Find the highest Minnesota waterfalls on the North Shore! The 120-foot High Falls at Grand Portage State Park is the highest [pictured above]. It is located on the Pigeon River, part of the international boundary with Canada. The highest falls entirely within Minnesota is the 70-foot High Falls of the Baptism River and is part of Tettegouche State Park.
Along the southwest half of the North Shore, rivers tend to be showy. With no headwaters [lakes or other streams that are the water source] , the rivers swell and pound during spring run-off and heavy rains and run low during dry times. They can carry up to four times as much water as those with headwaters. From the Manitou River northeast, the rivers have lakes feeding into them and thus, a more stable flow. But it’s a close call to the best performance during the run-off.
Start your waterfall tour with a look-see over the Superior Street bridge at the Lester River Falls or park in the lot on the east side of the river, half a block north, and walk the creek-side trail. The Lester River is at Hwy 61 mile marker 5.1 in Duluth. Cross the river on Hwy 61 and drive north on 61st Ave. E. for 1.5 blocks to the parking area.
It’s a 4-for-1 stop at Gooseberry Falls State Park! Park at the Visitor Center and take the easy accessible hike to the most photographed of the falls, the expansive Middle Falls. Head south to view the Lower Falls Or take a short accessible hike to the north, under Hwy 61 leads to the Upper Falls. See the Upper, Middle and Lower Falls along the easy Falls Loop, then hike inland to the Fifth Falls.
Hike the 5-mile loop for cliff-side views of the river’s cascades!
Split Rock River Hiking Bridge is CLOSED; the Superior Hiking Trail Association hopes to start construction on the bridge by late summer 2020.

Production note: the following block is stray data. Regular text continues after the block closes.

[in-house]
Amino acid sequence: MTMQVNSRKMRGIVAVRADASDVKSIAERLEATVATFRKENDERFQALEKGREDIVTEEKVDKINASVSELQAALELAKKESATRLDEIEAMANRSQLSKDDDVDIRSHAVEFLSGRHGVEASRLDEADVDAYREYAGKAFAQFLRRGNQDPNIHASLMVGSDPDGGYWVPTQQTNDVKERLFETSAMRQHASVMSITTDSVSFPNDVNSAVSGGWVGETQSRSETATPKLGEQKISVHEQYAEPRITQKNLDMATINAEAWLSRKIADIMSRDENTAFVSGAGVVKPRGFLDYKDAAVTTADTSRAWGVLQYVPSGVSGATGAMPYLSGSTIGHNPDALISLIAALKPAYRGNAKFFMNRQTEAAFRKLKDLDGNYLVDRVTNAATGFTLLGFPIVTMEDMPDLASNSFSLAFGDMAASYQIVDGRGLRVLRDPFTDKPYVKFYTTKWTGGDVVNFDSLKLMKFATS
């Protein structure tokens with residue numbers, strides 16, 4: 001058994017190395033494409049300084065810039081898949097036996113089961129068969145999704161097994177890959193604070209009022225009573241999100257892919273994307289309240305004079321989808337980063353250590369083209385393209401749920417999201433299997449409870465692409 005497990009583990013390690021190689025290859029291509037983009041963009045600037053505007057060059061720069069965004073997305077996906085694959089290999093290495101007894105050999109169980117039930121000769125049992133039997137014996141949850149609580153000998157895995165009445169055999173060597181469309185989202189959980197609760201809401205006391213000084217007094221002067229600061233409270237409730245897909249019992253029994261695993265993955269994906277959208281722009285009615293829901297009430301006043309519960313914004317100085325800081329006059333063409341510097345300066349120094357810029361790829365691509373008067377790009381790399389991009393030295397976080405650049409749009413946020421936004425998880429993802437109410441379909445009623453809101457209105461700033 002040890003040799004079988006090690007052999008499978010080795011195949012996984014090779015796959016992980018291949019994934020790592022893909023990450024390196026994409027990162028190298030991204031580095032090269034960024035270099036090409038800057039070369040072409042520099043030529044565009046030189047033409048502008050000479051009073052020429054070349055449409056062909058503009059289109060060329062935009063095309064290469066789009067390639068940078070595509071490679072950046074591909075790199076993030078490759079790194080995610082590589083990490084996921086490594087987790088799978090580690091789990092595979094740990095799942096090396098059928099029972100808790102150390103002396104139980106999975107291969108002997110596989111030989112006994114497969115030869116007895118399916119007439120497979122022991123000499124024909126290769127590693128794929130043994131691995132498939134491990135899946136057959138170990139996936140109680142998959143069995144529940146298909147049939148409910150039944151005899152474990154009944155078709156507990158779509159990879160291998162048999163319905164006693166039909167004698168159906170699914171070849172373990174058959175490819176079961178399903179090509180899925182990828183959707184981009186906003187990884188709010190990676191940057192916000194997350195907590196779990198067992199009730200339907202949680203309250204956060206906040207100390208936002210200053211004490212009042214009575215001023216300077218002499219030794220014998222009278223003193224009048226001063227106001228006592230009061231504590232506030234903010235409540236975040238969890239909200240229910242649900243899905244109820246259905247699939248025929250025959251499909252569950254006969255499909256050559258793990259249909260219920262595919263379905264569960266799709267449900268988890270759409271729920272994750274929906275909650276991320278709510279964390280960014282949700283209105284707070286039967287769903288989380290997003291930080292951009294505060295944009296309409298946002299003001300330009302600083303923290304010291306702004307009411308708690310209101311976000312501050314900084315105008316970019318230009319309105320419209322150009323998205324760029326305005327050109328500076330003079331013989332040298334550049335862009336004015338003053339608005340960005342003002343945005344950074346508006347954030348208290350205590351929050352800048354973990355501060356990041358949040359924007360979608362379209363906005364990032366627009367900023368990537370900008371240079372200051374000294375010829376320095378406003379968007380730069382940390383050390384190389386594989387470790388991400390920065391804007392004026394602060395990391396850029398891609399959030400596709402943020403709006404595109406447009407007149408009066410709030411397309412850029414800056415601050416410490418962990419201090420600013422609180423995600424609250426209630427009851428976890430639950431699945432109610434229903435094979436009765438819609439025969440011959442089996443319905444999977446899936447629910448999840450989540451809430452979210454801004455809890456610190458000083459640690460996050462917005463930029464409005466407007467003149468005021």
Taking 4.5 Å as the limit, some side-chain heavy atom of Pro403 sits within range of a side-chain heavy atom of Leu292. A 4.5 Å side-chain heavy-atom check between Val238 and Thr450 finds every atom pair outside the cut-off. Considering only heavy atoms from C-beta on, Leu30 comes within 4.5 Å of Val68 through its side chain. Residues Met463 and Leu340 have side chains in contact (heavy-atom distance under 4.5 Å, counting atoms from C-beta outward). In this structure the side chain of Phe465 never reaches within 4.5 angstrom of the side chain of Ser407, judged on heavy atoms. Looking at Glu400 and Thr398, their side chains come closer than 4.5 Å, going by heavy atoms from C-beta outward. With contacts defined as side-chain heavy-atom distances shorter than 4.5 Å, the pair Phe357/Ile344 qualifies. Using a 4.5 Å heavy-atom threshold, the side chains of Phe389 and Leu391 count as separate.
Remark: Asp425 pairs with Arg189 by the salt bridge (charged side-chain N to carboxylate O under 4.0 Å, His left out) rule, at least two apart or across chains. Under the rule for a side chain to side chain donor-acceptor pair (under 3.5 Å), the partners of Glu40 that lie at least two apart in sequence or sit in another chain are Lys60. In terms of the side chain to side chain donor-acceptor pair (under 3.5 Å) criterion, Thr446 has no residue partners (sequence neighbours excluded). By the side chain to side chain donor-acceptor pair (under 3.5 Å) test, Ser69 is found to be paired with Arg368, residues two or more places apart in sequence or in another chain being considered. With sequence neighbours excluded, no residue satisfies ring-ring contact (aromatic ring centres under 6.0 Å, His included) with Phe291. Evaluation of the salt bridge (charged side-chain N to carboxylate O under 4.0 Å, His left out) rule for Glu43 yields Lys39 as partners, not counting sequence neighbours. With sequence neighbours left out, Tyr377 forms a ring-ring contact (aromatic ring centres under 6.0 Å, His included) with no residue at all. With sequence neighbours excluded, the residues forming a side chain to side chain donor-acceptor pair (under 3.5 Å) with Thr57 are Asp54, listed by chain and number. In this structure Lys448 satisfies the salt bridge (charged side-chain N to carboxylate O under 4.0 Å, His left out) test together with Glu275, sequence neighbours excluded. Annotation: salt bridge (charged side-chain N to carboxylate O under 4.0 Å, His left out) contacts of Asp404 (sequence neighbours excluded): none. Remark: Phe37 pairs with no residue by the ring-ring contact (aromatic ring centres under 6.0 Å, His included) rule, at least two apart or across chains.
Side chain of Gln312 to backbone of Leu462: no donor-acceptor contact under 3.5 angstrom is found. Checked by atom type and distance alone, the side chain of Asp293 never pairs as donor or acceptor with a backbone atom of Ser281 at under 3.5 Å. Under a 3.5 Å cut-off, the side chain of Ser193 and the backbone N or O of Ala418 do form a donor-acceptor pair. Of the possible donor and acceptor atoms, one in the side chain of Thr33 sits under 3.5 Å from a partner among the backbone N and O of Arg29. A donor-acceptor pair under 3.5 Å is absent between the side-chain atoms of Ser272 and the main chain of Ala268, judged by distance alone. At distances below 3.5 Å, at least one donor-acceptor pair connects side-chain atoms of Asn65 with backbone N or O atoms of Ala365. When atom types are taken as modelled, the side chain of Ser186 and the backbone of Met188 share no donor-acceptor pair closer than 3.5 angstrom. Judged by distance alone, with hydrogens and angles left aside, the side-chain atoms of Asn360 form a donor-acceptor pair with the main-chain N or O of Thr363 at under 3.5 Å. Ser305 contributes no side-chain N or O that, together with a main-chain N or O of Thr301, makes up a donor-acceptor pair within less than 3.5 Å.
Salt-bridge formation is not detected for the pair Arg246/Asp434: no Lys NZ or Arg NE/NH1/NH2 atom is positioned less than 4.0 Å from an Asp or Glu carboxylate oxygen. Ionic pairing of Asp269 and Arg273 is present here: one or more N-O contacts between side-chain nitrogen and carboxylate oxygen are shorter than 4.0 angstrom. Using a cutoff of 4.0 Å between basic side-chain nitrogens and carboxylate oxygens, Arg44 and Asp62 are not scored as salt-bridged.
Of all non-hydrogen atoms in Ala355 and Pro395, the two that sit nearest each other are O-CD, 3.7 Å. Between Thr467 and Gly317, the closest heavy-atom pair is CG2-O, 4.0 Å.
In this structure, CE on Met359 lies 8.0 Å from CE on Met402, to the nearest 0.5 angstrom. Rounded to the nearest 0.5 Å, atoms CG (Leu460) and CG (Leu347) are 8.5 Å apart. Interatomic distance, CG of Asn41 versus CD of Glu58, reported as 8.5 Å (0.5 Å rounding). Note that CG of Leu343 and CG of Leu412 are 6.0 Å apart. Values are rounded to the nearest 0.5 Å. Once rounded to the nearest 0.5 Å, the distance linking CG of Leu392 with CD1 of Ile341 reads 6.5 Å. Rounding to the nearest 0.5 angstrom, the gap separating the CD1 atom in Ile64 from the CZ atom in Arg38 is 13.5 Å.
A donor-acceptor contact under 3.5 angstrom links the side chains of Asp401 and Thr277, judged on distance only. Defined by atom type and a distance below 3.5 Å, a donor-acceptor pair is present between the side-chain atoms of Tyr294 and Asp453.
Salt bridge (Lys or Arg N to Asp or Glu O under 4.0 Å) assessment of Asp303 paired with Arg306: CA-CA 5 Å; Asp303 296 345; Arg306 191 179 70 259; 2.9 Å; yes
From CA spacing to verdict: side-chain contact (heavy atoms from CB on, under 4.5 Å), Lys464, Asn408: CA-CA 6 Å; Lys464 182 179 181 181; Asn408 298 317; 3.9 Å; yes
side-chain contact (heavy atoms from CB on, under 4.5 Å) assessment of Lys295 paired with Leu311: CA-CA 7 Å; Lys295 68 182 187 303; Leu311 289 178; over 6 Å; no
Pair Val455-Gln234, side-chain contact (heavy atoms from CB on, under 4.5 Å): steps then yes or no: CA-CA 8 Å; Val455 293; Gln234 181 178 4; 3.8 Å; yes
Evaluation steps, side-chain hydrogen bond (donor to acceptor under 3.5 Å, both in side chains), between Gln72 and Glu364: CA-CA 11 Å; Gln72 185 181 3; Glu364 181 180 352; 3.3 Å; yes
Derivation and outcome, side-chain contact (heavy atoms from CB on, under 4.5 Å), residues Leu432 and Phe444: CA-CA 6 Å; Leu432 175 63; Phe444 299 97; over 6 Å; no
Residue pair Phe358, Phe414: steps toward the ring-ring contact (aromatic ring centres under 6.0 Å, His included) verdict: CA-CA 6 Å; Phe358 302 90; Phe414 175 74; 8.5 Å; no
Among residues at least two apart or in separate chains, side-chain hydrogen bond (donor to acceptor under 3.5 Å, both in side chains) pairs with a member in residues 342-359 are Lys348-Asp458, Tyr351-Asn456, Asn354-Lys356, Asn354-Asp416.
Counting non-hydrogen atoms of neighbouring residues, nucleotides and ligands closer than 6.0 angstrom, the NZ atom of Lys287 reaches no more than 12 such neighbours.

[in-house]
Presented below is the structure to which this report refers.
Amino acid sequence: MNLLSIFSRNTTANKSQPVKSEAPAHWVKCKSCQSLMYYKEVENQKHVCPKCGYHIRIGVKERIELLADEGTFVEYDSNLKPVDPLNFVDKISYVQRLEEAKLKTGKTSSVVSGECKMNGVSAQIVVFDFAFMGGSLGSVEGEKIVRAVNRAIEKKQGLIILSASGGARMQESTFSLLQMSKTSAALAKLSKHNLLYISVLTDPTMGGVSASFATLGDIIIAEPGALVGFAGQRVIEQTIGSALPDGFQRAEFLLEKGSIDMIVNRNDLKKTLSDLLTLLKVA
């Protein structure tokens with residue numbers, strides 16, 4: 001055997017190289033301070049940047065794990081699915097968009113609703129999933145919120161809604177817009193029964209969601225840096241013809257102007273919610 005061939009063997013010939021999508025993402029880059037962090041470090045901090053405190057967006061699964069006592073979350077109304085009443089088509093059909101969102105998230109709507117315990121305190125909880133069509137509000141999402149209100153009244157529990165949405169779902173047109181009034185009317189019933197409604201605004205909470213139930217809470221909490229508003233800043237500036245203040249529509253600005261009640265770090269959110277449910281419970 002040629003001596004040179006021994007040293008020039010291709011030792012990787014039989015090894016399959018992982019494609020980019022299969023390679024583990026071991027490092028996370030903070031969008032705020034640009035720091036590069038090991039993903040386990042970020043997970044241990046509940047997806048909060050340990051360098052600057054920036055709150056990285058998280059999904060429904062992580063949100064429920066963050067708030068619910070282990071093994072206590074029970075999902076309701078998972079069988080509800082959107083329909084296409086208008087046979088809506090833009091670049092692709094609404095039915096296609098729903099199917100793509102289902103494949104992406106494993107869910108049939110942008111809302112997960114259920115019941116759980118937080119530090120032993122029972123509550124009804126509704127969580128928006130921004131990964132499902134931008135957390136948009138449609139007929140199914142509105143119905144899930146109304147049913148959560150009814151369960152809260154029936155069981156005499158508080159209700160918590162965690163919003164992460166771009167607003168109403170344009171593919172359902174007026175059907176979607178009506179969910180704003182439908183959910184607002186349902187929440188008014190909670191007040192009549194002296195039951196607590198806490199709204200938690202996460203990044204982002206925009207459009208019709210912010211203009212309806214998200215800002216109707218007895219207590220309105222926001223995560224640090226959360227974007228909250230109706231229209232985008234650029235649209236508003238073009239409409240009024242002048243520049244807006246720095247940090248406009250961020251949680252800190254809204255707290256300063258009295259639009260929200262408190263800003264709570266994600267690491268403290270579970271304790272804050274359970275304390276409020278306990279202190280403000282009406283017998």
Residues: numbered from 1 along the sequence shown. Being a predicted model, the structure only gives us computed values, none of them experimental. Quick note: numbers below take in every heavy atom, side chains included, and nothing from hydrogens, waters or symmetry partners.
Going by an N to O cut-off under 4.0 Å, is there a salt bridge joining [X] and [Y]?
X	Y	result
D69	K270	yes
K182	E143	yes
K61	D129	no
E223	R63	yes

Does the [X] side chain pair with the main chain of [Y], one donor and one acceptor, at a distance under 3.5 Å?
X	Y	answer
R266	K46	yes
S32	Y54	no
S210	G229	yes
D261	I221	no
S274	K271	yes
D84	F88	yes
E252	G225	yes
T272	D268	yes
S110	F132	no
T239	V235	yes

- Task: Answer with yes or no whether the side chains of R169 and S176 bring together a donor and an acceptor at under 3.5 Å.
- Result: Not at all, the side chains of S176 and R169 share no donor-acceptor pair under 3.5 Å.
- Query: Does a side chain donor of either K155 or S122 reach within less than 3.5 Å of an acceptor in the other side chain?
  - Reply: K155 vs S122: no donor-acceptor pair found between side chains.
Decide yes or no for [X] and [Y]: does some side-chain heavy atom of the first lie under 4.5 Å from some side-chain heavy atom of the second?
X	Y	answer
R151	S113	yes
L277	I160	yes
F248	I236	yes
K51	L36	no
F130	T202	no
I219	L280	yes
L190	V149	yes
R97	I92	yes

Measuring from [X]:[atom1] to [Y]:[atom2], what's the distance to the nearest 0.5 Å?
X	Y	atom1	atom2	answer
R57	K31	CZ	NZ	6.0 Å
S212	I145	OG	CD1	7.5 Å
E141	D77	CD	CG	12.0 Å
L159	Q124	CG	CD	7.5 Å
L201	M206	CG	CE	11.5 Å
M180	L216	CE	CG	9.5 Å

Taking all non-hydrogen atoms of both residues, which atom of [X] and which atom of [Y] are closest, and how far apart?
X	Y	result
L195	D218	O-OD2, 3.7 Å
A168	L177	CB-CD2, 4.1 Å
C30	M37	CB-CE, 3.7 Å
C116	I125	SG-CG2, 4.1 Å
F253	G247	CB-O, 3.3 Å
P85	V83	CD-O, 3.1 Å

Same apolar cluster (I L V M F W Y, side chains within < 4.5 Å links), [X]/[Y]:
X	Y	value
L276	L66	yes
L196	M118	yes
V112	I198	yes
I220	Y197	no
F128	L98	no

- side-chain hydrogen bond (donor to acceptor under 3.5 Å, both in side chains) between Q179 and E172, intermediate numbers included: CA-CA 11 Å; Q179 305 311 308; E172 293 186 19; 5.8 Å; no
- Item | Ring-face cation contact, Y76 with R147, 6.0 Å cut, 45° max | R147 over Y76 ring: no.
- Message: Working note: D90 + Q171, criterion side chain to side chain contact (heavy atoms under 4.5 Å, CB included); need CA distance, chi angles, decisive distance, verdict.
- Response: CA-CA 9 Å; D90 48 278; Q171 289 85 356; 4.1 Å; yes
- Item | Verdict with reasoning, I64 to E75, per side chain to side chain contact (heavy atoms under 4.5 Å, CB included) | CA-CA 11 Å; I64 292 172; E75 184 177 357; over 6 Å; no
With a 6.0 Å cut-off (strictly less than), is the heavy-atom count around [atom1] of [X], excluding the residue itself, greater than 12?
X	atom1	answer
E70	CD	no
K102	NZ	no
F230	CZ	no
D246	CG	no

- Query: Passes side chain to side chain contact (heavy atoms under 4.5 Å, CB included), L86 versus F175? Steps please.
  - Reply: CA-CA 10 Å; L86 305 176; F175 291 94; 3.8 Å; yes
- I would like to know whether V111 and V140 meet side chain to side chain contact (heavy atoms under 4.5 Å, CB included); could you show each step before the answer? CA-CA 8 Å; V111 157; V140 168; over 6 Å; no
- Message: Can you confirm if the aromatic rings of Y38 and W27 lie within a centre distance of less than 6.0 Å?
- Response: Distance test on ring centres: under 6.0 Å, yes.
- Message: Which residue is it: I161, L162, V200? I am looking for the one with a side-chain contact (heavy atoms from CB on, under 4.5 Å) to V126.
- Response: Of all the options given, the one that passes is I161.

If you are going to hike this 5-mile loop, which offers cliff-side views of the river’s cascades, you will need to ford the river; this can be dangerous due to depth and current.
The river drops 300 feet in a series of cascades and falls above the Highway 61 bridge, then enters the sedate bay. A wayside rest is located on the northwest corner of the bridge. Heading northeast, the highway follows the curve of the bay to East Beaver Bay, providing additional panoramas.
You can’t miss this classic falls, Highway 61 rolls right by! But take advantage of handy pedestrian bridges for excellent vantage points of the 100′ falls as they roll down, under and make their final drop on the south side of the bridge.
Temperance River sports an upper falls, hidden falls, and middle falls , all located north of Highway 61 within 3/4-mile of the trailhead. And heading south [towards Lake Superior] of the highway is a quick 1/8-mile trail to a footbridge with views of the falls under the highway bridge [far right photo above], the mouth of the river and the lake.
Ten miles above Hwy 61 the river abruptly begins its descent to Lake Superior. Dropping 900 feet in the lower three miles, the river takes a steep final run in the last quarter mile as it drops 120 feet through a deep, churning gorge. Hike both sides of the Cascade River by parking at the river mouth and following the trails signs.
At Judge Magney State Park; the Brule’s most famous feature is the Devil’s Kettle. A mile and a half inland are the Lower Falls, then the Upper Falls and the Devil’s Kettle, where the river course splits. About half of the river’s water flow runs over the Upper Falls while the other half enters a cauldron, the Devil’s Kettle, and disappears. It is presumed that some of the water goes into an underground waterway and some reappears in a pool in the lower river reaches, but the point of re-entry remains unknown.
The Pigeon River drops 950 feet ending with the 120-foot drop High Falls. This lower reach is particularly rugged until a short distance after the falls, where the river widens. An easy half-mile trail in Grand Portage State Park leads to the High Falls. The trail end has two great viewing decks where you can feel the spray of the falls!
Wrap up your waterfall tour in Canada at the spectacular 40-meter/131-foot “Niagara of the North” which drops precipitously into a rock-walled canyon. Kakabeka Falls is located in Ontario, Canada – you will need a passport to enter Canada/return to the USA.
Option 1 Drive 38 miles north of the border, turn left on ON 11/17 for 16.5 miles. Option 2 [backroads] Drive 24 miles north of the border, turn left on ON 130 for 3.1 miles, at the T, turn left on Barrie Drive for 1.8 miles, then right on River Road for 3.4 miles and right on for 1.1 miles, then left on ON 11/17 for 3.1 miles.